# [Rasch] missing data advice needed

Mark Moulton markhmoulton at gmail.com
Tue Jan 4 11:28:54 EST 2011

```Dear Carolyn,

So far as the Rasch analysis goes, I would leave the data missing, even
though zeros are a reasonable imputation in this case.  However, even if
they are reasonable they could distort the item difficulties in odd ways, so
I would leave them missing.

"Descriptive" statistics always assume complete data, so it is problematic
to leave the missing data in for that.  But it is also a little problematic
to leave the zeros, though less so.  What I would do myself is calculate the
expected values for all the missing cells, round them to zero or one, and
build your descriptive statistics using the resulting complete data matrix.
The resulting descriptives will be about the best you could manage.

Winsteps reports cell level expected values (though maybe not for missing
cells -- I can't remember).  Or you could import the data into Excel, along
with person and item measures, and calculate the expected values using
something like:

Eni = if(Xni <> 9,Xni,round(exp(Bn - Di) / (1 + exp(Bn - Di)),0))

(Translation:  If the observed value is not missing, use that, otherwise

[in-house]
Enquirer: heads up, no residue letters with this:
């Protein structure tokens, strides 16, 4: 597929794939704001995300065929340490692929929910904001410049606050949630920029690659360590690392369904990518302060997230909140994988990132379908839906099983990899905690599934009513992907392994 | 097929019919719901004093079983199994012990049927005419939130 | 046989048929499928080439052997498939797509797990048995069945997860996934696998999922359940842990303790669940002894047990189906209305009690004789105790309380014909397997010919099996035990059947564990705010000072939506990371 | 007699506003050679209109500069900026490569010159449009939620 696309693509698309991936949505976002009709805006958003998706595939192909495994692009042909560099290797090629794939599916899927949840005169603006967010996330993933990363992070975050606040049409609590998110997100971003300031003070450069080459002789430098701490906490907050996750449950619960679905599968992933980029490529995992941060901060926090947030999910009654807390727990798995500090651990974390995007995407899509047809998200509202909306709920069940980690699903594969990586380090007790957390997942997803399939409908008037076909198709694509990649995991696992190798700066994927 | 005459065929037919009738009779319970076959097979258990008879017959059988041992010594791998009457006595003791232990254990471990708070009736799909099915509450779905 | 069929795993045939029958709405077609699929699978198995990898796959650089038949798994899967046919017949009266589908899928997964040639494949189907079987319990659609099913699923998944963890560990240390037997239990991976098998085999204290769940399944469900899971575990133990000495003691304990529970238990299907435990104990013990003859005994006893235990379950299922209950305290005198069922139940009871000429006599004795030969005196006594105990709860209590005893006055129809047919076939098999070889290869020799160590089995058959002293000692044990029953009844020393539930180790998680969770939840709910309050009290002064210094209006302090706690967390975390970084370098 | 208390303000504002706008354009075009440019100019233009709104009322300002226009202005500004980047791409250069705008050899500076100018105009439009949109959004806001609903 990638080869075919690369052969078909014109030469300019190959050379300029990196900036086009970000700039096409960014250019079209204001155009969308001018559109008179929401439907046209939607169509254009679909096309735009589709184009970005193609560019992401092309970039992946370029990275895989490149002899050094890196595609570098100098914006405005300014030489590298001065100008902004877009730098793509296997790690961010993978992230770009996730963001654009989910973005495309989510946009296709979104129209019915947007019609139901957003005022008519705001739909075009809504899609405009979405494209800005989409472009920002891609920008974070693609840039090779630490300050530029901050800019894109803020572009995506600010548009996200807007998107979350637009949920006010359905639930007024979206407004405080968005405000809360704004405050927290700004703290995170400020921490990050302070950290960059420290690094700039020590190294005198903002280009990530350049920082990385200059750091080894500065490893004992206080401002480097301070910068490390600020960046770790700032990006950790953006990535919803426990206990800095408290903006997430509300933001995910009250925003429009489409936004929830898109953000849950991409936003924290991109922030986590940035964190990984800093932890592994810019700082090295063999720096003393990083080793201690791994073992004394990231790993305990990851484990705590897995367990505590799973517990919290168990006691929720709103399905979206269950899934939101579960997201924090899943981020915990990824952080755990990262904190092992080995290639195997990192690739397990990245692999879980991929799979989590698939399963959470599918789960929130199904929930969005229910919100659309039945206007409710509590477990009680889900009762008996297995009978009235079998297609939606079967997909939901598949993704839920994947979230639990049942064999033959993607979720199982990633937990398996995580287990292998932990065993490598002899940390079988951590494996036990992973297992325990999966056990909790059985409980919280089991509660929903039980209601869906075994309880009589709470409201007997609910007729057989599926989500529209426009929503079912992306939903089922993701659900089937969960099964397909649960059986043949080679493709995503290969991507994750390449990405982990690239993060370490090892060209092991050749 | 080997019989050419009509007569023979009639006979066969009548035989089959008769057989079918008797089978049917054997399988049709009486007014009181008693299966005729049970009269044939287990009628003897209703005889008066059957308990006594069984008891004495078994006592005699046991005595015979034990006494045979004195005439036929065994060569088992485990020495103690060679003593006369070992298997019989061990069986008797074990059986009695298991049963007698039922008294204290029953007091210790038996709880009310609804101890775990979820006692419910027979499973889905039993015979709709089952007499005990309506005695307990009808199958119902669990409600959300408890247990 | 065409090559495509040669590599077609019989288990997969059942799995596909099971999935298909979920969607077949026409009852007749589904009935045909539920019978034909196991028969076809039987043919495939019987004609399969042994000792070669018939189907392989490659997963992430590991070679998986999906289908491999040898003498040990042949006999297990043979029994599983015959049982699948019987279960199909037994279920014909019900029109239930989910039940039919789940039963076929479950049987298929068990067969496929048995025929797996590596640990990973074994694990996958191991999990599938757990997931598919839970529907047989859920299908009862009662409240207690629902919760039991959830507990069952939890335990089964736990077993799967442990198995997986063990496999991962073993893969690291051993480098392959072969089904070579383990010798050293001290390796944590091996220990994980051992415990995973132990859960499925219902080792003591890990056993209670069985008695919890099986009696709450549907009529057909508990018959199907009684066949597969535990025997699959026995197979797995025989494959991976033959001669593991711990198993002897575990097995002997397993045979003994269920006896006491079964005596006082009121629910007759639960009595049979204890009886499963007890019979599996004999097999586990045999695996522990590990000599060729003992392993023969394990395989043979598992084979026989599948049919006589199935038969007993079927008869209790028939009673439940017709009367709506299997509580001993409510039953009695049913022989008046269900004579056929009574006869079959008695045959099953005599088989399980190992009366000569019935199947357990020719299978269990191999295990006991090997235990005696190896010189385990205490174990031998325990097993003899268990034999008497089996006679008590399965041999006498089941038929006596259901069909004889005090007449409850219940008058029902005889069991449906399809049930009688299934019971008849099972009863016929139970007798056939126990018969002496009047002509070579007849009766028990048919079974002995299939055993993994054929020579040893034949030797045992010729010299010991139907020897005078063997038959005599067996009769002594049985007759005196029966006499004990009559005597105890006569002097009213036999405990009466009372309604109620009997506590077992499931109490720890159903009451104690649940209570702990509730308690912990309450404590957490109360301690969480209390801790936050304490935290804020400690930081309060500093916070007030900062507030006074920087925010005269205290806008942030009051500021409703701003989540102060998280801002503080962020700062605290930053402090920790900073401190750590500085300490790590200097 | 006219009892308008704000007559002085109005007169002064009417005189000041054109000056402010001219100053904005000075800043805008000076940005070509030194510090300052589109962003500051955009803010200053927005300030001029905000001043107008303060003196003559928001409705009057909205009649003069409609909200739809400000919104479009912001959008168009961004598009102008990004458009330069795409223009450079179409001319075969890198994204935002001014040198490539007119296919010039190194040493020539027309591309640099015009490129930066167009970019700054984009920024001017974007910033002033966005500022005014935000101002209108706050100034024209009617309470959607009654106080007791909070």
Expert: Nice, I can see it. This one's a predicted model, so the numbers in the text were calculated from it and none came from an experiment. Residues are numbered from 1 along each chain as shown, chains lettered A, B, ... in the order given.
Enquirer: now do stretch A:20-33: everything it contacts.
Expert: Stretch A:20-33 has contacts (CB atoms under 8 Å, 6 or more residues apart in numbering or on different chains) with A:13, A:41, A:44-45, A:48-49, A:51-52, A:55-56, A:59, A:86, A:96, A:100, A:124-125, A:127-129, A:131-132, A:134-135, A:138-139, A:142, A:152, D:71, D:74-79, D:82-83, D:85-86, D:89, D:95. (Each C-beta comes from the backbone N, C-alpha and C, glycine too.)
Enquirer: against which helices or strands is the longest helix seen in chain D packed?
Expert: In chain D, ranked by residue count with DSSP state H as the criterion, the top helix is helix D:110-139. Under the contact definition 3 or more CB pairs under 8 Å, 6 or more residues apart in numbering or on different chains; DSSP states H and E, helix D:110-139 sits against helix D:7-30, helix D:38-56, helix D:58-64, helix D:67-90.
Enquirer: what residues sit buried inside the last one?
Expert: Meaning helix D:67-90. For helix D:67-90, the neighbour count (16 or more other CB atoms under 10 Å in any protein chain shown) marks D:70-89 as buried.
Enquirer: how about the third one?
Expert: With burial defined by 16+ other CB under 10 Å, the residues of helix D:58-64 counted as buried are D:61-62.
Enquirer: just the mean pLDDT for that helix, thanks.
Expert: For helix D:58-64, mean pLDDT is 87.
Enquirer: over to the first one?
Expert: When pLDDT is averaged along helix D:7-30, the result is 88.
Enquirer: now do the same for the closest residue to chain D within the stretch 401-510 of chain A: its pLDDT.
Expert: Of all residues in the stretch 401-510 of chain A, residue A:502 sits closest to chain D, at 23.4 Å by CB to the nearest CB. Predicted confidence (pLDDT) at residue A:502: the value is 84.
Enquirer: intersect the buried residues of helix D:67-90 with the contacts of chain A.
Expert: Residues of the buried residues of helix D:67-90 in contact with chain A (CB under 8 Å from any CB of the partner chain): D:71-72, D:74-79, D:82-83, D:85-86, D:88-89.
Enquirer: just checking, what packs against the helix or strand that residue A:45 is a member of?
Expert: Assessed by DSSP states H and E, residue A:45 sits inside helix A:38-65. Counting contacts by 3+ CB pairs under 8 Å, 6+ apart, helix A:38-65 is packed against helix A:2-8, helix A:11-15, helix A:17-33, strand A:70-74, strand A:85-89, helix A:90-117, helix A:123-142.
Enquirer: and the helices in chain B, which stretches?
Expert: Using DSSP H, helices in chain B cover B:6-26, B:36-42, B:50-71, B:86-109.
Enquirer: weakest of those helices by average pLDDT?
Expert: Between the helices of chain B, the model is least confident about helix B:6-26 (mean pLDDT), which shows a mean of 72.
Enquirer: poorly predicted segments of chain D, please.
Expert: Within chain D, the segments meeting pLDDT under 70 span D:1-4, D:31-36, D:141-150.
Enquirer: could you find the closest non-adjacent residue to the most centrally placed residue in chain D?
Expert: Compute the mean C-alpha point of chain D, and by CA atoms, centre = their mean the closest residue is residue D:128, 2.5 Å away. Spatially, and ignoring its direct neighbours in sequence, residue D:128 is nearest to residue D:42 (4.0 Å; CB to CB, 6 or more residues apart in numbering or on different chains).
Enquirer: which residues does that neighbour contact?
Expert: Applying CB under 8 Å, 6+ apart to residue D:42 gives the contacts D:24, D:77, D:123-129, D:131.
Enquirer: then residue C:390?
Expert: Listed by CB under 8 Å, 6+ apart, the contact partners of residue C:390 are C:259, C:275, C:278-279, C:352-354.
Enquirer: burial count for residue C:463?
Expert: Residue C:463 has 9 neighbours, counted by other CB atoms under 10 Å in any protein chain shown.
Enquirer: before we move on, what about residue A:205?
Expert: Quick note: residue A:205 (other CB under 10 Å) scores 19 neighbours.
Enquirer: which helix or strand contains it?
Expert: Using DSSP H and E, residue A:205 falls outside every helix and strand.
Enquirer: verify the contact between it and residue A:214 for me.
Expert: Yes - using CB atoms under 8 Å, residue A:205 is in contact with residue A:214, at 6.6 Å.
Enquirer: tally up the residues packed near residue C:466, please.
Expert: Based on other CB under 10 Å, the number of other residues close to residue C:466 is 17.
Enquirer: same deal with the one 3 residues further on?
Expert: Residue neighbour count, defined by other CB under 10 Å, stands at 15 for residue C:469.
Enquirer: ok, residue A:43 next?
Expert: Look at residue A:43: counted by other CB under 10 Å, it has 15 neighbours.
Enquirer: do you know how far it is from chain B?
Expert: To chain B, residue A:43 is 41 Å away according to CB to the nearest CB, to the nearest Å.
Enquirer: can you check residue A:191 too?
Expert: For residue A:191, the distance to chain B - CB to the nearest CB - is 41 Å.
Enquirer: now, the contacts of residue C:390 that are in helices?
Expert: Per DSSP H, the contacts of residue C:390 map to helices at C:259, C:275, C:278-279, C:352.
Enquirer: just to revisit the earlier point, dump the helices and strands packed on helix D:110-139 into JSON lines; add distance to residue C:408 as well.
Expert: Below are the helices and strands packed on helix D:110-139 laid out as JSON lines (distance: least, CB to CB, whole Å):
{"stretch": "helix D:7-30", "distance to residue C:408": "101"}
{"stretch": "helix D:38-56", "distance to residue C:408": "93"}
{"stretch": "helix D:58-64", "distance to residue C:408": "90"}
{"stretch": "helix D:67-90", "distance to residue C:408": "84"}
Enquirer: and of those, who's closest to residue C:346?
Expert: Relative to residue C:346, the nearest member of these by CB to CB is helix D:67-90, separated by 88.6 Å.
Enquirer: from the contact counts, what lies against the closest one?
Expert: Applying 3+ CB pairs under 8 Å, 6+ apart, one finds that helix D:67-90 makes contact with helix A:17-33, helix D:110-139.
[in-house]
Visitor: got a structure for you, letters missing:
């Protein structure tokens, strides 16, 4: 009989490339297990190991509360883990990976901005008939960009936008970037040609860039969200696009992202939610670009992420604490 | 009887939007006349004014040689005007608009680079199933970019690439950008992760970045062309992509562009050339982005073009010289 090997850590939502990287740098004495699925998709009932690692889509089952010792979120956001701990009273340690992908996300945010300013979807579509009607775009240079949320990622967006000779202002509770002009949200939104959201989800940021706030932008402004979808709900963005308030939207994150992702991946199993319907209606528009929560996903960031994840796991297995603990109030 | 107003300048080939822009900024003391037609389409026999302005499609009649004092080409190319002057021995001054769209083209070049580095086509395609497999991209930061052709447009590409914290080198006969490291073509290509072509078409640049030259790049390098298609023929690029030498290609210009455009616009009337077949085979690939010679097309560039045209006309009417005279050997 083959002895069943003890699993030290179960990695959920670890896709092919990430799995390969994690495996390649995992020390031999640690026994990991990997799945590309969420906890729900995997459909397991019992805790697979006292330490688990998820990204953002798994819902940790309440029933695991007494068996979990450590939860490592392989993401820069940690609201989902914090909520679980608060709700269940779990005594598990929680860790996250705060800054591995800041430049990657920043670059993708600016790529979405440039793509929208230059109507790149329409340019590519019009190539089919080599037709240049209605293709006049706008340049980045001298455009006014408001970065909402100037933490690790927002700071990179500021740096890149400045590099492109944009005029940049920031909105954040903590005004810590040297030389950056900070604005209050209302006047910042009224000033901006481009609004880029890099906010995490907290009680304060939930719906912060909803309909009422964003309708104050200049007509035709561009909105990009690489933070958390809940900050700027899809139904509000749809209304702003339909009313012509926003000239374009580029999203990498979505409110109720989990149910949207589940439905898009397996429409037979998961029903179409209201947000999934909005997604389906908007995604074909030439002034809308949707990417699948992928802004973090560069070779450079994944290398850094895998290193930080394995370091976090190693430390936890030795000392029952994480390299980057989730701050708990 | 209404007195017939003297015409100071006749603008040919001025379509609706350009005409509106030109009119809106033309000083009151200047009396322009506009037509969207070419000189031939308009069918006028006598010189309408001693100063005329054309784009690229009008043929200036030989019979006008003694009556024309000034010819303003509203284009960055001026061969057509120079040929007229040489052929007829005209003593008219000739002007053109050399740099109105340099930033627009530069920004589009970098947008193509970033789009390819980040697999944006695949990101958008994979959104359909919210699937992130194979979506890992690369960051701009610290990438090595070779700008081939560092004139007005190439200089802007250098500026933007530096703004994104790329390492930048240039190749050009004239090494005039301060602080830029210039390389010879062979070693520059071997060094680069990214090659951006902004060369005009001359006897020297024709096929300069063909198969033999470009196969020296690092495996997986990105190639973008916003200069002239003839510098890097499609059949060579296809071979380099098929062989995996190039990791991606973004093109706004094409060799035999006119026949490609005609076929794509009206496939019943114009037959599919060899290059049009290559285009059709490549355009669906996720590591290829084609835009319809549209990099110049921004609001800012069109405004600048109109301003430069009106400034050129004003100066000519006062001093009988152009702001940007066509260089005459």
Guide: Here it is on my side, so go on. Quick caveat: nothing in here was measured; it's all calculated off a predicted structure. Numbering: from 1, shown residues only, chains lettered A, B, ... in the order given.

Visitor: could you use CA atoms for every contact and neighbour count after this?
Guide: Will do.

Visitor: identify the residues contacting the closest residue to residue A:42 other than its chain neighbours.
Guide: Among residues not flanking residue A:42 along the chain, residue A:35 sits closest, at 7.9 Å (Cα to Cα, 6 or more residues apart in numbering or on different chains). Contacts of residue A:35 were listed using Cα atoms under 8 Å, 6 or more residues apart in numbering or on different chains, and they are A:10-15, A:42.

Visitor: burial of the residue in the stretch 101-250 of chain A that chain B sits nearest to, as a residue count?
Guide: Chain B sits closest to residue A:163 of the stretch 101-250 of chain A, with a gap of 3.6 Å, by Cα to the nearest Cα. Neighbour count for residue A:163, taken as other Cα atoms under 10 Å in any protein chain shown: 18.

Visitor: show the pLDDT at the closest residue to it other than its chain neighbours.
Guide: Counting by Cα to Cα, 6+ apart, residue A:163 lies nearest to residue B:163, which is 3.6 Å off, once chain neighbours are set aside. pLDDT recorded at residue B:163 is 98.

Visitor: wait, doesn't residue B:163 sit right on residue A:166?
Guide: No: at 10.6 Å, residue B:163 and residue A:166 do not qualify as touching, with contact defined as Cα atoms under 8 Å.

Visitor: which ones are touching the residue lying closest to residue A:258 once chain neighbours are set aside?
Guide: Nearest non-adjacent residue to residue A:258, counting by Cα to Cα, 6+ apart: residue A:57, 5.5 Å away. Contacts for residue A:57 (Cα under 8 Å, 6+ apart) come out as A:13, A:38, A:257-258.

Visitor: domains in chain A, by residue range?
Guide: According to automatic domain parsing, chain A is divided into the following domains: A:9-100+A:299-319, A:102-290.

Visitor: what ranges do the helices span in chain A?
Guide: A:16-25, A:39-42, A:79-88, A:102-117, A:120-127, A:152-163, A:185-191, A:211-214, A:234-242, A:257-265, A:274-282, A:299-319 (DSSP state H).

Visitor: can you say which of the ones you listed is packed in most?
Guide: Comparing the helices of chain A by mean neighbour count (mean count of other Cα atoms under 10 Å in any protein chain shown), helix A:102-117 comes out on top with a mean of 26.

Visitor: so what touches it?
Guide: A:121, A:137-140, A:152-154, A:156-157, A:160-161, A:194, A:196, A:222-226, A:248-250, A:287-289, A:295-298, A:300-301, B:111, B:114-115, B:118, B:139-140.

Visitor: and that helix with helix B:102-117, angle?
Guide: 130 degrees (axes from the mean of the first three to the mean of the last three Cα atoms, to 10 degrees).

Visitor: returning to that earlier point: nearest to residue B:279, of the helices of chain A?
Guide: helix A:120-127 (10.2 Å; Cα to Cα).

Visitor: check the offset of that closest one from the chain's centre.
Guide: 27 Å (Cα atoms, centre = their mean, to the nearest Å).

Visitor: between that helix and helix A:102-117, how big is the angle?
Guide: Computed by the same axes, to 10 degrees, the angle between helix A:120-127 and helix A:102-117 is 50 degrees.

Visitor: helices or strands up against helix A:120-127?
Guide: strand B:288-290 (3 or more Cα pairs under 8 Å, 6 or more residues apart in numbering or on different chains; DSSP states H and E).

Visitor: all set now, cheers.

round the expected value (same as probability in this case) calculated using
person logit ability Bn and item logit difficulty Di.)

Mark Moulton

On Mon, Jan 3, 2011 at 2:50 PM, Fidelman, Carolyn
<Carolyn.Fidelman at ed.gov>wrote:

>   Hi All,
>
> I have a burning question about treatment of item-level missing data.
> Imagine a short reading or math screener given to 5 year olds (individual
> administration format, of course) in order to place them on some quick
> proficiency scale.  The 20 items are designed to go from easy to
> hard. Because young children can become easily frustrated and burdened once
> they reach their level, a stop rule is in place in which the administrator
> ceases testing once the child has missed 5 items in a row.
>
> My question: is it legit to impute 0s to the missing values (9s) of a
> record such as
>
> 1110100110000099999
>
> thus making it
>
>  1110100110000000000
>
> where the assumption is that the child would not have correctly answered
>
> I know that for WINSTEPS and Rasch analysis, missing values are not an
> issue.  I'm really thinking in terms of the descriptive statistics that
> precede them in a report. It seems more reasonable for purposes of
> comparison to report for a set of 1000 examinees  that the p value of, say,
> Item 18 is  .09 where n=1000, than to say it is .25 for the 200 examinees
> who were actually presented with the item.
>
> Or should I just have two different datasets, one for the Rasch analysis
> (leaving the 9s) and another for the descriptives (imputing 0s for 9s)?
>
> Your wisdom much appreciated!  (and Happy New Year!)
>
> Carolyn
>
>
>
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